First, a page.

Treating insomnia in depressed patients may also re-duce suicidal ideation
A hypnotic added to an antidepressant helped to modestly decrease observer-rated suicidal ideation, especially in patients with severe insomnia.
In a first-ever randomised controlled trial, researchers examined controlled-release (CR) zolpidem or placebo added to open treatment with a selective serotonin reuptake inhibitor (SSRI) in 103 medication-free patients with major depression, insomnia (delayed onset or prolonged awake periods after sleep onset, plus low sleep efficiency), and suicidal ideation (but no plan or intent). At 8 weeks of the study, ratings of insomnia and suicidal ideation fell in all groups. Zolpidem-CR improved insomnia more than placebo.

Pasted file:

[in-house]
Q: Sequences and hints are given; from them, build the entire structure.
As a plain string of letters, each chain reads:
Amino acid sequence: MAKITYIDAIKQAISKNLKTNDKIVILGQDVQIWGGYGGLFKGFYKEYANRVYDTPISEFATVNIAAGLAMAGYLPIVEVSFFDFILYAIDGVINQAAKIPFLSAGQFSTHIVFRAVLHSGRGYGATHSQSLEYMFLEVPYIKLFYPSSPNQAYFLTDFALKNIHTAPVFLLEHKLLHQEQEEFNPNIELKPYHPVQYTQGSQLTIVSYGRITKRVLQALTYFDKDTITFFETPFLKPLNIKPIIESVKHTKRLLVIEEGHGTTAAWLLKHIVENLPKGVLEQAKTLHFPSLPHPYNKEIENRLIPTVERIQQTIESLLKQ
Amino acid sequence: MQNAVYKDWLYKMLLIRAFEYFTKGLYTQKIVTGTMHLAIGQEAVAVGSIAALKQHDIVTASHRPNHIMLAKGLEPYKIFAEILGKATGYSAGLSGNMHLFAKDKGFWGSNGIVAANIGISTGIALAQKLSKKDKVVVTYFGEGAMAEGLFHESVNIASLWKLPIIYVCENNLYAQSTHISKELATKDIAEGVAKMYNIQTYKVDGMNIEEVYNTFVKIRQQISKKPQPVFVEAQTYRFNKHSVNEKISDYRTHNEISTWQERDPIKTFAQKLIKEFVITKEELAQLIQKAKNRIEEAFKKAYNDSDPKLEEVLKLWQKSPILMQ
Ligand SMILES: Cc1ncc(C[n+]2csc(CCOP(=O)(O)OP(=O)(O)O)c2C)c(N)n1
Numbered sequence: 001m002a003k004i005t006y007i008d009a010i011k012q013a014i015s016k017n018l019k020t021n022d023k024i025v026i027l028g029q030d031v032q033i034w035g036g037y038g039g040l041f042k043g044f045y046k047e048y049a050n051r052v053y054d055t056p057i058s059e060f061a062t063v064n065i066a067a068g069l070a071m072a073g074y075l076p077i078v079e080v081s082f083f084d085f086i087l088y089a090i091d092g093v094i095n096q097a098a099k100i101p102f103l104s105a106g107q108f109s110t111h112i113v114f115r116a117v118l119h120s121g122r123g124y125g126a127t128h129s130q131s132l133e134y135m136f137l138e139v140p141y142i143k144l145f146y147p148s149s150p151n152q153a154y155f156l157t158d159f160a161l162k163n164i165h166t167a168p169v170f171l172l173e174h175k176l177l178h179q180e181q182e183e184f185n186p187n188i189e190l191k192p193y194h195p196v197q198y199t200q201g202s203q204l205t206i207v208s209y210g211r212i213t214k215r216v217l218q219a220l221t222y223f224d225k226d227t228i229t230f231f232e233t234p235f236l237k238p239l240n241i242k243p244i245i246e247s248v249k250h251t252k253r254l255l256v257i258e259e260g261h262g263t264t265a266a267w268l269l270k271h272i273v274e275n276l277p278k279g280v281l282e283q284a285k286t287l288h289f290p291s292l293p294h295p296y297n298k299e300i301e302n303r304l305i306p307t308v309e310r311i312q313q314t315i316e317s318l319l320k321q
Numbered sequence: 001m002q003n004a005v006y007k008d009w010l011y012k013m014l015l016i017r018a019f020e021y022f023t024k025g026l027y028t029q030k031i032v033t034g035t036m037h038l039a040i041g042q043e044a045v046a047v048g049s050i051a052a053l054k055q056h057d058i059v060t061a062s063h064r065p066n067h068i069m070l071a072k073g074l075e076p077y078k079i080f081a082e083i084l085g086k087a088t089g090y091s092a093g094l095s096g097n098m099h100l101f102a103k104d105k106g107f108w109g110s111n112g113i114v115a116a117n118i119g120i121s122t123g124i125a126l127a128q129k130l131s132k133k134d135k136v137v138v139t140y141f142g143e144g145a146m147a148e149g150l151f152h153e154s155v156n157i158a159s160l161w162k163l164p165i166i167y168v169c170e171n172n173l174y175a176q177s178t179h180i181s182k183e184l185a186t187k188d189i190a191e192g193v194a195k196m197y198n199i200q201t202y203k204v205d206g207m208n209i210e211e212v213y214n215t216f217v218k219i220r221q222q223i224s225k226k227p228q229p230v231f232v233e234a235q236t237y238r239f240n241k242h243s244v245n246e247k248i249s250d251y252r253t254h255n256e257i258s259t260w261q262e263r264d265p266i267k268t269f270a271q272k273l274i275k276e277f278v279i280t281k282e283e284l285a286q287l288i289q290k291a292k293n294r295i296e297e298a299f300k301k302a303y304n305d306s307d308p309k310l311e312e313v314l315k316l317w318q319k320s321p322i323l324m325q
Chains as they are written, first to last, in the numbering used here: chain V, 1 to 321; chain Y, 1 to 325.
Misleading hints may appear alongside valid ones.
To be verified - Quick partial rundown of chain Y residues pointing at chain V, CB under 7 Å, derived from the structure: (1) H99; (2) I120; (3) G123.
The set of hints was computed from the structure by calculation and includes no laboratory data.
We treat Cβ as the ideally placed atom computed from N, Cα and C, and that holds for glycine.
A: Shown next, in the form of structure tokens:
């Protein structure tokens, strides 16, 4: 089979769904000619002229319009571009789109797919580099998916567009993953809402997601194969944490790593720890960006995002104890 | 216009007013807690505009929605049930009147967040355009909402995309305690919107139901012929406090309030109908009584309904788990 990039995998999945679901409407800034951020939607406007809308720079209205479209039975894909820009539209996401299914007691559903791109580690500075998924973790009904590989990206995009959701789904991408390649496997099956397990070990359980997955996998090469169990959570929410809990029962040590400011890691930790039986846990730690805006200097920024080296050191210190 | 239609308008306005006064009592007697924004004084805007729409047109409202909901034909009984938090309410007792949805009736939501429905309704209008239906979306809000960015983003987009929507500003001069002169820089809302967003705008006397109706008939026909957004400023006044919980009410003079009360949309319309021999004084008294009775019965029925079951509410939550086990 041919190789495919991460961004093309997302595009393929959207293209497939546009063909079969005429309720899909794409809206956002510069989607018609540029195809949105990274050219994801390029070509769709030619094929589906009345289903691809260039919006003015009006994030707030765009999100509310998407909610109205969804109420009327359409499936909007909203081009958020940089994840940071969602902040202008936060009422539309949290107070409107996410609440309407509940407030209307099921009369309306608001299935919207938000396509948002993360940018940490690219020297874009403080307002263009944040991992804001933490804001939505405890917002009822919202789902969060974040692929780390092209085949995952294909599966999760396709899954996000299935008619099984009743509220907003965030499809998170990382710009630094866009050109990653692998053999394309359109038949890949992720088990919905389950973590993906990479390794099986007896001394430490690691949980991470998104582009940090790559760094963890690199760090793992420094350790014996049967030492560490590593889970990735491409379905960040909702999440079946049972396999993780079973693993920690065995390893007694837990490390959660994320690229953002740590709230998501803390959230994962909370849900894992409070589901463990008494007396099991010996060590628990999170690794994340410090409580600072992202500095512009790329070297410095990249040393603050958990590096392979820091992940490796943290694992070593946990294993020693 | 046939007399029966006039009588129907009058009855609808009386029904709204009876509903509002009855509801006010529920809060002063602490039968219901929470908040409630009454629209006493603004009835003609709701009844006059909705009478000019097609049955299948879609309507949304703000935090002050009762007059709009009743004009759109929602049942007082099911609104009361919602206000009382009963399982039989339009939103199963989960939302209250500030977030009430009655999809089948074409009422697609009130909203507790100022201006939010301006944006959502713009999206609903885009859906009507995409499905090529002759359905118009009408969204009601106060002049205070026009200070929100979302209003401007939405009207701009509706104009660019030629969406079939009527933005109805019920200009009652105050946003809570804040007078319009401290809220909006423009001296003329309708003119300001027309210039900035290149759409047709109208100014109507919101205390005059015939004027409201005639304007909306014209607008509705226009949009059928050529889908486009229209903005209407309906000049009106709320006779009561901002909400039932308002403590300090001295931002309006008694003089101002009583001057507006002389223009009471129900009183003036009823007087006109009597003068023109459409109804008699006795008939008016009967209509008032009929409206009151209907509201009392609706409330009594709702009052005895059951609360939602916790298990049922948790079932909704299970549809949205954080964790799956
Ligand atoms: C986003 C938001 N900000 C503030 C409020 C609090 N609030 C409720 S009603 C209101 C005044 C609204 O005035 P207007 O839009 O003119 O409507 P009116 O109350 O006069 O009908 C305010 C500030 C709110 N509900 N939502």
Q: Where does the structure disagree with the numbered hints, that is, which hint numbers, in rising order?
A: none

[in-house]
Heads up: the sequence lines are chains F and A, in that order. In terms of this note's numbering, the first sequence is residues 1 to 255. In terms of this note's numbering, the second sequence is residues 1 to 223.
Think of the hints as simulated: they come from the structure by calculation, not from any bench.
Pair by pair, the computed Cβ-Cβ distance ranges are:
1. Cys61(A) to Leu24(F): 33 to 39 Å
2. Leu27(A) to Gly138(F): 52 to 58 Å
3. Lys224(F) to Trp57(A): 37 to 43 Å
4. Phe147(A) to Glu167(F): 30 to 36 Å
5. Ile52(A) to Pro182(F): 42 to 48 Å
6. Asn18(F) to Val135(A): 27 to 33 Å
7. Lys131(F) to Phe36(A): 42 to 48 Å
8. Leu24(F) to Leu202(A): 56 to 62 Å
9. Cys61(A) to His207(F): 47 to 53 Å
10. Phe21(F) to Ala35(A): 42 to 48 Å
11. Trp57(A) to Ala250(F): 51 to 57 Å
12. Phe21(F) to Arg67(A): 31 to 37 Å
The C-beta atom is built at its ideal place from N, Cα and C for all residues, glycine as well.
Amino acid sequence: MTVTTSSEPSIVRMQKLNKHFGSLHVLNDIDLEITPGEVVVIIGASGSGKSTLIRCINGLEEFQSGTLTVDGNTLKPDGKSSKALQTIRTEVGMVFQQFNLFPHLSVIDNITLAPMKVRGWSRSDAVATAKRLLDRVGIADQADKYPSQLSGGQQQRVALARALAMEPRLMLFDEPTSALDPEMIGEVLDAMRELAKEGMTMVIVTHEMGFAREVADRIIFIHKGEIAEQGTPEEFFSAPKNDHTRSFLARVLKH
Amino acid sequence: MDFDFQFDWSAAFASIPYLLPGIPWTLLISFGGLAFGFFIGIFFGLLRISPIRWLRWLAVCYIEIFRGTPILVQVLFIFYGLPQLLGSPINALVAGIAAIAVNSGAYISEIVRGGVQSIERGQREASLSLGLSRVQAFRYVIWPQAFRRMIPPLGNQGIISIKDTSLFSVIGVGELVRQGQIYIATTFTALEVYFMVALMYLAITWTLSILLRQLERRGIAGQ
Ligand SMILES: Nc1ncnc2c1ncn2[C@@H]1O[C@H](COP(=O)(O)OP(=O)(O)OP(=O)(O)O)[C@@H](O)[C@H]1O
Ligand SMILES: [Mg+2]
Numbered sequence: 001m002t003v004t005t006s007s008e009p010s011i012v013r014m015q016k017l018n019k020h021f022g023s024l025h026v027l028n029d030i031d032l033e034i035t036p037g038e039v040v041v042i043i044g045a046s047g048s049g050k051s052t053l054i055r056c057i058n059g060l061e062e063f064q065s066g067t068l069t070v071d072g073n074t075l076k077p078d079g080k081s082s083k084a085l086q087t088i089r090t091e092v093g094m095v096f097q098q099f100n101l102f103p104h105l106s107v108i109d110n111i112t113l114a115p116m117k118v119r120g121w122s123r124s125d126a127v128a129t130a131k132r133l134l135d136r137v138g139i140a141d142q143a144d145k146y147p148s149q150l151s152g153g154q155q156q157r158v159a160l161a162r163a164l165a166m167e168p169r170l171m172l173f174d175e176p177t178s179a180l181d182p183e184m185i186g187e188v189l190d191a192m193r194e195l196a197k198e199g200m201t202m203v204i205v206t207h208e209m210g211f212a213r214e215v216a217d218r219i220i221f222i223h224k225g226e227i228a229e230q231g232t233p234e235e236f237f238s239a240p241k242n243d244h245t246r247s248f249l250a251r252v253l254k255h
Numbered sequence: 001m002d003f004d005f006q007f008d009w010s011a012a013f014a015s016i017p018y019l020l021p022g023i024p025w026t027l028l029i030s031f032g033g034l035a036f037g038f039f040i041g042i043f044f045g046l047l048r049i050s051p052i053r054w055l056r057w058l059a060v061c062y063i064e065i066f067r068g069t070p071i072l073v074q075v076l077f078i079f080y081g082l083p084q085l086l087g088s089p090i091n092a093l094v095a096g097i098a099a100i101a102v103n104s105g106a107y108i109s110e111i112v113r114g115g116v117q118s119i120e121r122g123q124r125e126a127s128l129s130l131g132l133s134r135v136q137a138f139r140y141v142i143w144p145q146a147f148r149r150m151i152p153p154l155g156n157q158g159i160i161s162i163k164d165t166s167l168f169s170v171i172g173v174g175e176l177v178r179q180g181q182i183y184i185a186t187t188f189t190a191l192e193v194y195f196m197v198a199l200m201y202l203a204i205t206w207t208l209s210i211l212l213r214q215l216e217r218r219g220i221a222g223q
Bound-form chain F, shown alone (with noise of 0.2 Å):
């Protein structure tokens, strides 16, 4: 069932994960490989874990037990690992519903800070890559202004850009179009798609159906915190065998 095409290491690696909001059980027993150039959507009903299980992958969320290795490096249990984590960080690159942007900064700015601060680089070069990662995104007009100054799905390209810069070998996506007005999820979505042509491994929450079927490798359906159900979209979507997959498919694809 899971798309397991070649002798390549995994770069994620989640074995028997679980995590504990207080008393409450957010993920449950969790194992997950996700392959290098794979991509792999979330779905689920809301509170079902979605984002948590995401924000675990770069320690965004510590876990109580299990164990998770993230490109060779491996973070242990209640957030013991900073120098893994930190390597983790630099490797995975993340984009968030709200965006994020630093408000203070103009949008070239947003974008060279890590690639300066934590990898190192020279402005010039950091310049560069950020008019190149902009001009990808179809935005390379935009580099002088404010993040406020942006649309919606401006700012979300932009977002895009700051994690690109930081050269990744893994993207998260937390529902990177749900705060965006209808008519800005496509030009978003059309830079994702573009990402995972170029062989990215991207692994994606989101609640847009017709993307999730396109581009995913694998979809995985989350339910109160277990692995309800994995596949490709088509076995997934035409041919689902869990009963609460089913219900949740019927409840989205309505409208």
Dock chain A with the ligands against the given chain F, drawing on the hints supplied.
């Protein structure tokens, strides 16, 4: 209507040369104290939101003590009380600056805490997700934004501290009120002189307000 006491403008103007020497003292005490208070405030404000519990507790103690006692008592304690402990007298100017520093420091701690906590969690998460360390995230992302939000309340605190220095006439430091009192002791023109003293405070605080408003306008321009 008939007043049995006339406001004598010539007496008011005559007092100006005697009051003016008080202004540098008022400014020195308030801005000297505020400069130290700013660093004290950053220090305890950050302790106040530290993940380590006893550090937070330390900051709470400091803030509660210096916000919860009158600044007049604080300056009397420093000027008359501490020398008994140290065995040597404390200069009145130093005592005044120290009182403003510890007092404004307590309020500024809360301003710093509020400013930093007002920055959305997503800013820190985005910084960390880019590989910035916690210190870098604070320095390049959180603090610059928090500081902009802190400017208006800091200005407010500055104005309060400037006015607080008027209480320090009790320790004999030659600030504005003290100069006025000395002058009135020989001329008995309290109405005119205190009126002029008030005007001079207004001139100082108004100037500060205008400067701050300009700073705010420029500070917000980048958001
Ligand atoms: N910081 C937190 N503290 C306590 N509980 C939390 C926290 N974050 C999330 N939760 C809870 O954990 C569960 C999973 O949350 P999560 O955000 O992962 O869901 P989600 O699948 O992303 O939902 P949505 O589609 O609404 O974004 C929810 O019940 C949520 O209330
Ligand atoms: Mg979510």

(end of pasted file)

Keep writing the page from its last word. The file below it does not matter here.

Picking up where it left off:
Decades ago, Swiss and German psychiatrists popularised dauerschlaf (prolonged sleep therapy), now long out of favour, for severe psychoses. Experts comment that this study reminds us that attention to sleep quality might benefit both depression and suicidal ideation. These findings do not support routine hypnotics for depression but do suggest that patients with insomnia and suicidal ideation might well benefit from focused attention to sleep improvement.